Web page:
Beer: Big business in the Mountain State

By Leah Deitz

The craft brewing movement has made its way to West Virginia, and the Greenbrier Valley Brewing Company is looking forward to being a part of it.

The brewery, located in Maxwelton, currently offers two signature ales, Mothman Black IPA and Wild Trail Pale Ale, which is crafted at their state-of-the-art brewery, housed in an old upholstery factory. They are also launching the Wild and Wonderful series of seasonal beer available throughout the year.

“People like to try new things; they want new flavors,” one of the owners of Greenbrier Valley Brewing Company, Wil Laska said. “The craft brewing movement missed West Virginia initially. But it is hitting now.” Laska and business partner David Kucera teamed up in 2012 to utilize their love of craft beer as a business, and according to Laska, they are not alone. He is referring to the upsurgence of craft brewing in the United States that began about a decade ago.

According to USA Today, the craft brewing industry is gaining in momentum. “There is a craft beer movement afoot, one that cultivates a culture of independence and – at least for now – a spirit of bearded idealism.”

This movement offers more than your simple run-of-the-mill Mr. Beer machine making, basement brew. This is a serious business.

“It’s big business that is getting bigger.” USA Today reported. “The industry this year crowned its first craft beer billionaire.” USA Today is referring to Jim Koch, the 64-year-old co-founder of Boston Beer Company, behind the trademark brand Samuel Adams Boston Lager, who was named the first Craft Brew billionaire in 2013. “People are casting aside their day jobs in traditional, office-space careers and betting their futures – and in some cases millions of dollars – on the promise that the industry holds.”

Just like any big business there have been setbacks. “There have been challenges and expenses that we did not anticipate,” Laska said.

In West Virginia, the beer crafters have had many obstacles to overcome, including a variety of licensing requirements and alcohol content regulations. The State Journal reported that the WV tax structure and licensing process makes it tough for the small business crafter.

“A West Virginia brewer’s license costs $1,200 each year with a $5,000 bond,” the article states. “A brew pub in West Virginia requires a second license for $1,500 each year and another $5,000 bond. The federal government requires one license with no charge and a $1,000 bond.”

In addition to the cost of gaining licensing in West Virginia, there has been a relatively low cap on alcohol content. The state has bumped up the cap from 10 percent to 12 percent. However, Laska said that the previous caps may have dissuaded would-be crafters.

“You may see an influx of crafters in 2015 because of the increase in alcohol content,” Crystal Bishop, director of Marketing for Greenbrier Valley Brewing Company said.

Raising the cap for alcohol content is just the beginning of the movement here in West Virginia. According to The State Journal, a 2011 analysis of overnight visitors to the state prepared by Longwood Travel USA and presented to the division of tourism showed that brewery visits in the state were ranked in frequency with skiing and snowboarding, hunting and spa visits, and the number of visits were also aligned with the country’s average.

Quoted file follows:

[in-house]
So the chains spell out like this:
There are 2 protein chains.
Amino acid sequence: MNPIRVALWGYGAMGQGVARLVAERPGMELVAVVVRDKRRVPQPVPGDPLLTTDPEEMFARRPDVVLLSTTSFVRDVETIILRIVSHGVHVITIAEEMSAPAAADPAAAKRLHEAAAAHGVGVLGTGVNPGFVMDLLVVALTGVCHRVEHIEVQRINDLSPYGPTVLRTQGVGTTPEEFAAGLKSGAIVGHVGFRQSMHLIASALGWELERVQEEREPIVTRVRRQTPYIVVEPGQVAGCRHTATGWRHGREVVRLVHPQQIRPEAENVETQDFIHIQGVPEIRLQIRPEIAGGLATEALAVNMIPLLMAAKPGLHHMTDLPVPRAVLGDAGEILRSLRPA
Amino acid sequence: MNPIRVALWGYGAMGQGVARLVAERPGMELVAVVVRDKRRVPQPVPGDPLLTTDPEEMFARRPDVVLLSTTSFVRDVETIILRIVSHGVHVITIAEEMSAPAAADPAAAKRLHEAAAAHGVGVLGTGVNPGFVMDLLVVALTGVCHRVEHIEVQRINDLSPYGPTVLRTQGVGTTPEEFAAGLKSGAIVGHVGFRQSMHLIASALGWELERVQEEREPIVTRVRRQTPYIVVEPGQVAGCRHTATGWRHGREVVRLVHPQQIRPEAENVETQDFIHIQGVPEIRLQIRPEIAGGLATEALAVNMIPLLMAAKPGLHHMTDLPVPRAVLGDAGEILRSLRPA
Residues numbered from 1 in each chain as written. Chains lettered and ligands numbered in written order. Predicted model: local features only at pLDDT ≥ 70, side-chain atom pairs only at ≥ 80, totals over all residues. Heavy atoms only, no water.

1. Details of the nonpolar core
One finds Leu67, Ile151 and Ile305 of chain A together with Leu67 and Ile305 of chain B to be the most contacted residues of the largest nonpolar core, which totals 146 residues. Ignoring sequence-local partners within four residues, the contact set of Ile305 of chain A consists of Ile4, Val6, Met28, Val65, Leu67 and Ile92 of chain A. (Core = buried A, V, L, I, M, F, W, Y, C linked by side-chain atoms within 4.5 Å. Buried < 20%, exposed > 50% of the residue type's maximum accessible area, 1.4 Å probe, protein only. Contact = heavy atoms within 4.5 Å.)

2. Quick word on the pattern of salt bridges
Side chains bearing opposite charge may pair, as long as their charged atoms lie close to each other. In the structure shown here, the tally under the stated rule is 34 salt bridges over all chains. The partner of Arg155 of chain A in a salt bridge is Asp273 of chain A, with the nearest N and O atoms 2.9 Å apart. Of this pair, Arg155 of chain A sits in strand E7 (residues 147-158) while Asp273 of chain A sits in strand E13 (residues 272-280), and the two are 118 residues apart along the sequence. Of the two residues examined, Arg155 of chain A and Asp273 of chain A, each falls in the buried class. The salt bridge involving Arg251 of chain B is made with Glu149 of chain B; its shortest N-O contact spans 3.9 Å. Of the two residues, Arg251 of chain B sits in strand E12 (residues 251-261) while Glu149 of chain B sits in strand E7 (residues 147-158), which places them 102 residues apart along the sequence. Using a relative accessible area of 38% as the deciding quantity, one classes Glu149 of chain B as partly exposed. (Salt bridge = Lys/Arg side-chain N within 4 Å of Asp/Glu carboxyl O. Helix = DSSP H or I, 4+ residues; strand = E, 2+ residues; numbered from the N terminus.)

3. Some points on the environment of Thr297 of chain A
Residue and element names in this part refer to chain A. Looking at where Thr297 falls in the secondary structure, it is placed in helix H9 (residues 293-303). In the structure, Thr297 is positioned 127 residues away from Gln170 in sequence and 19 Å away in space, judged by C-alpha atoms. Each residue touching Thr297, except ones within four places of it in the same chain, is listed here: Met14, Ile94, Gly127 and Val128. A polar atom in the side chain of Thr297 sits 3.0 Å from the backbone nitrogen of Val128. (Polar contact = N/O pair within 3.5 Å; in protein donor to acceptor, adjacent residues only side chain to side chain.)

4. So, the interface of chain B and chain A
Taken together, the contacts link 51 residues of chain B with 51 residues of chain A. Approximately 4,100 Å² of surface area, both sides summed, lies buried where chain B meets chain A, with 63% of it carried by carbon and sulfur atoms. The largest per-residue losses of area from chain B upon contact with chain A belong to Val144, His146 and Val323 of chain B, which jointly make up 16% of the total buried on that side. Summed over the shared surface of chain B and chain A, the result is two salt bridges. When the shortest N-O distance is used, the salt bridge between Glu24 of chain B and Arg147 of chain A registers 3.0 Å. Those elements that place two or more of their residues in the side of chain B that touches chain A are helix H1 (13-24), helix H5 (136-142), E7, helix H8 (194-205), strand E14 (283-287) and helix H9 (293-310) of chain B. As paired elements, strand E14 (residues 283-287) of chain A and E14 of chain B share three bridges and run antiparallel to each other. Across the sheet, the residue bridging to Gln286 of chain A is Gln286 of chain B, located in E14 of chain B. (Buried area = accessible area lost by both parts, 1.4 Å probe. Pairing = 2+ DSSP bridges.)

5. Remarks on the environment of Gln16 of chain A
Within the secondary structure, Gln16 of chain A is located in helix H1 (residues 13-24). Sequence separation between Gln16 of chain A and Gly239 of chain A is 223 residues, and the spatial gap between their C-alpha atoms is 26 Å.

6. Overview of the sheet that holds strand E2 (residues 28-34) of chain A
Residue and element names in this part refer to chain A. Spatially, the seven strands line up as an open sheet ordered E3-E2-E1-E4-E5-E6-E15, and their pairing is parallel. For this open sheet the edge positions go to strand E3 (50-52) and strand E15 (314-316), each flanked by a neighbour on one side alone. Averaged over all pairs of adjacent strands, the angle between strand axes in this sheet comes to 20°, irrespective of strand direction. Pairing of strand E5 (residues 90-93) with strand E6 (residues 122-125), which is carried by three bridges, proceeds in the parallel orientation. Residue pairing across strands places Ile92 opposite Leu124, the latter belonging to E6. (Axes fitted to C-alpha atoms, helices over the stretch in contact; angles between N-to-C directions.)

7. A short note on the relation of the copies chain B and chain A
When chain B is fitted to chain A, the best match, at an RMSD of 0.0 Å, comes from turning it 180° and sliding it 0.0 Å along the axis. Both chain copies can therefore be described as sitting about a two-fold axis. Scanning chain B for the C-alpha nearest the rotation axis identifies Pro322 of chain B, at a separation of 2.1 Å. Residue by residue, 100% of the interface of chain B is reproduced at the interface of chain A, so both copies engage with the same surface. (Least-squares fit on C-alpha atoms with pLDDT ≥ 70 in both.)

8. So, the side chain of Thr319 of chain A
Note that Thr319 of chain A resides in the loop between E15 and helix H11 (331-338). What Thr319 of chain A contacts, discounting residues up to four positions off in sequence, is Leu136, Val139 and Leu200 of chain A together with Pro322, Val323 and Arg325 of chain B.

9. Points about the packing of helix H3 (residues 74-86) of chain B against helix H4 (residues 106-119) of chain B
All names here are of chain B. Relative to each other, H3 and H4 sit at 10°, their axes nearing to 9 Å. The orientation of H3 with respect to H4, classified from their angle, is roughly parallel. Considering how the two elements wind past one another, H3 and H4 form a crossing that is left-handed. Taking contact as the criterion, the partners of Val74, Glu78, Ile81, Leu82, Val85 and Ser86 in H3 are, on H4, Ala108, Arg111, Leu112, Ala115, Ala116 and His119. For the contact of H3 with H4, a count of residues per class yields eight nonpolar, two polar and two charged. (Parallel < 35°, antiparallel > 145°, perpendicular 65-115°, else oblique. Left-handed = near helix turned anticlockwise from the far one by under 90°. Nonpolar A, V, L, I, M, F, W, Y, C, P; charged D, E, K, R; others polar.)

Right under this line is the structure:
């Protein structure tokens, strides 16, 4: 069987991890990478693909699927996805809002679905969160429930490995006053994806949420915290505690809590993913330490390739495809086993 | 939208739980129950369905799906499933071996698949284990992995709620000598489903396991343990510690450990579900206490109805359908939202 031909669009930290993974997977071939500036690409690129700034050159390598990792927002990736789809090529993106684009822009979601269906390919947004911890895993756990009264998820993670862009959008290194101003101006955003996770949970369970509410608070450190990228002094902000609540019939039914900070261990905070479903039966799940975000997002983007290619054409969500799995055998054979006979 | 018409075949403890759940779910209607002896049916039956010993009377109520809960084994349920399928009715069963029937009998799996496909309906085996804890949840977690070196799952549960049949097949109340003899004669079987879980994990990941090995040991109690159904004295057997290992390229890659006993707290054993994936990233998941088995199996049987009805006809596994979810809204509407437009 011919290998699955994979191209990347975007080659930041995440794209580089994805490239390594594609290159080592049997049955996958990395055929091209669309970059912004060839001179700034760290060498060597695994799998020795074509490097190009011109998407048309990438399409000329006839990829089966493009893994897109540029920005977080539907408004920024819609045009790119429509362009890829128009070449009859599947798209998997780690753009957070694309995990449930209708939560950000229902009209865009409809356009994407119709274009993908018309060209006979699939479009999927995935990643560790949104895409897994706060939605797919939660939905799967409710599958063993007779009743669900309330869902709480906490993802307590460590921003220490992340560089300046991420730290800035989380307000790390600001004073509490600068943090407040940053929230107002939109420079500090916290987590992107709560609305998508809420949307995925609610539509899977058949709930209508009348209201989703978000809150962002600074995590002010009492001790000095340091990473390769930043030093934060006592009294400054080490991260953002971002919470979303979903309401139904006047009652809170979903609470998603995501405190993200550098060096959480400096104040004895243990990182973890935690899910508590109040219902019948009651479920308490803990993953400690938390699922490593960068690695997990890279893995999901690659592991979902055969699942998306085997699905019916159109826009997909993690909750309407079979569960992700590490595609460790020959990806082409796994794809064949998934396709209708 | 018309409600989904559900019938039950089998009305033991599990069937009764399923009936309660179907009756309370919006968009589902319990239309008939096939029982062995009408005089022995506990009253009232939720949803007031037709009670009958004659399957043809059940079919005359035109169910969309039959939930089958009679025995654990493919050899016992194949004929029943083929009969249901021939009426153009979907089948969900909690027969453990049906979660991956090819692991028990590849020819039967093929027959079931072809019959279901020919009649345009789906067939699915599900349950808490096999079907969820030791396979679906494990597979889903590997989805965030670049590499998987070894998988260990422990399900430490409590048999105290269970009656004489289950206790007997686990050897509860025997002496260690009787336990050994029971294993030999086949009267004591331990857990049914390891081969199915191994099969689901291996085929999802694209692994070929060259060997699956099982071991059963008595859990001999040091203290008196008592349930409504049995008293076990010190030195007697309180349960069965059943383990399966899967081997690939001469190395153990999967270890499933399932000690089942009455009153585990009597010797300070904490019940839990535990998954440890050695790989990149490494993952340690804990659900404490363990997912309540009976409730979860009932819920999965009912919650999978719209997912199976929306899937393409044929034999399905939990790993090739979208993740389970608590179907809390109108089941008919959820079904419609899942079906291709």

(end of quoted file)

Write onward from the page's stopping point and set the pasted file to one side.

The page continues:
This means there is a huge opportunity here in the 304. According to Laska, there are only 10 other breweries in the state. From tourism to bars and restaurants catering toward craft beer enthusiasts, we are a new and viable market.

Signs of growth and expansion include the increase in “taps” in West Virginia. This means that more restaurants are featuring these beers on tap or on their menus. There is also a growing festival phenomenon in West Virginia. “There are a number of beer festivals in the state,” Laska said. “We go and represent the company. We are generally sold out in just a few hours.” Beer festivals allow the craft brewers to bring their product to the masses but they also bring tourism to the local communities. For example, Laska mentioned the 2014 Mountaineer Brewfest in Wheeling. “It was incredible,” he said. “It brought life to the community.”

There are at least four other beer festivals in West Virginia including the Brew Skies Festival in Canaan Valley; the Bramwell Oktoberfest event in Mercer County; Blues, Brews and BBQ Festival in Charleston and the Rails and Ales Craft Beer Festival in Huntington.

Lewisburg does not have a beer festival, yet. However, Laska hopes to see that become the next big event for America’s Coolest Small Town.

 

Where to find Greenbrier
Brewing Co.
Beers locally:
• Irish Pub on
Washington Street
• Del Sol
• Greenbrier
Valley Baking Company
• Stardust Café
• The Livery
• 50 East
• The Greenbrier / Summit and JJ’s
• Ruby Tuesday
• Brier Patch Inn
• The Asylum

 

Introducing Cans - Greenbrier Valley Brewing Company will be introducing cans of their two signature ales, Mothman Black IPA and Wild Trail Pale Ale in 2015. (Photo by Leah Deitz)
Introducing Cans – Greenbrier Valley Brewing Company will be introducing cans of their two signature ales, Mothman Black IPA and Wild Trail Pale Ale in 2015. (Photo by Leah Deitz)
From Bourbon to Beer - Barrels used by Smooth Ambler Spirits get repurposed at Greenbrier Valley Brewing Company for crafting the breweries new Anniversary sour beer. The beer will be available in October of 2015. (Photo by Leah Deitz)
From Bourbon to Beer – Barrels used by Smooth Ambler Spirits get repurposed at Greenbrier Valley Brewing Company for crafting the breweries new Anniversary sour beer. The beer will be available in October of 2015. (Photo by Leah Deitz)

more recommended stories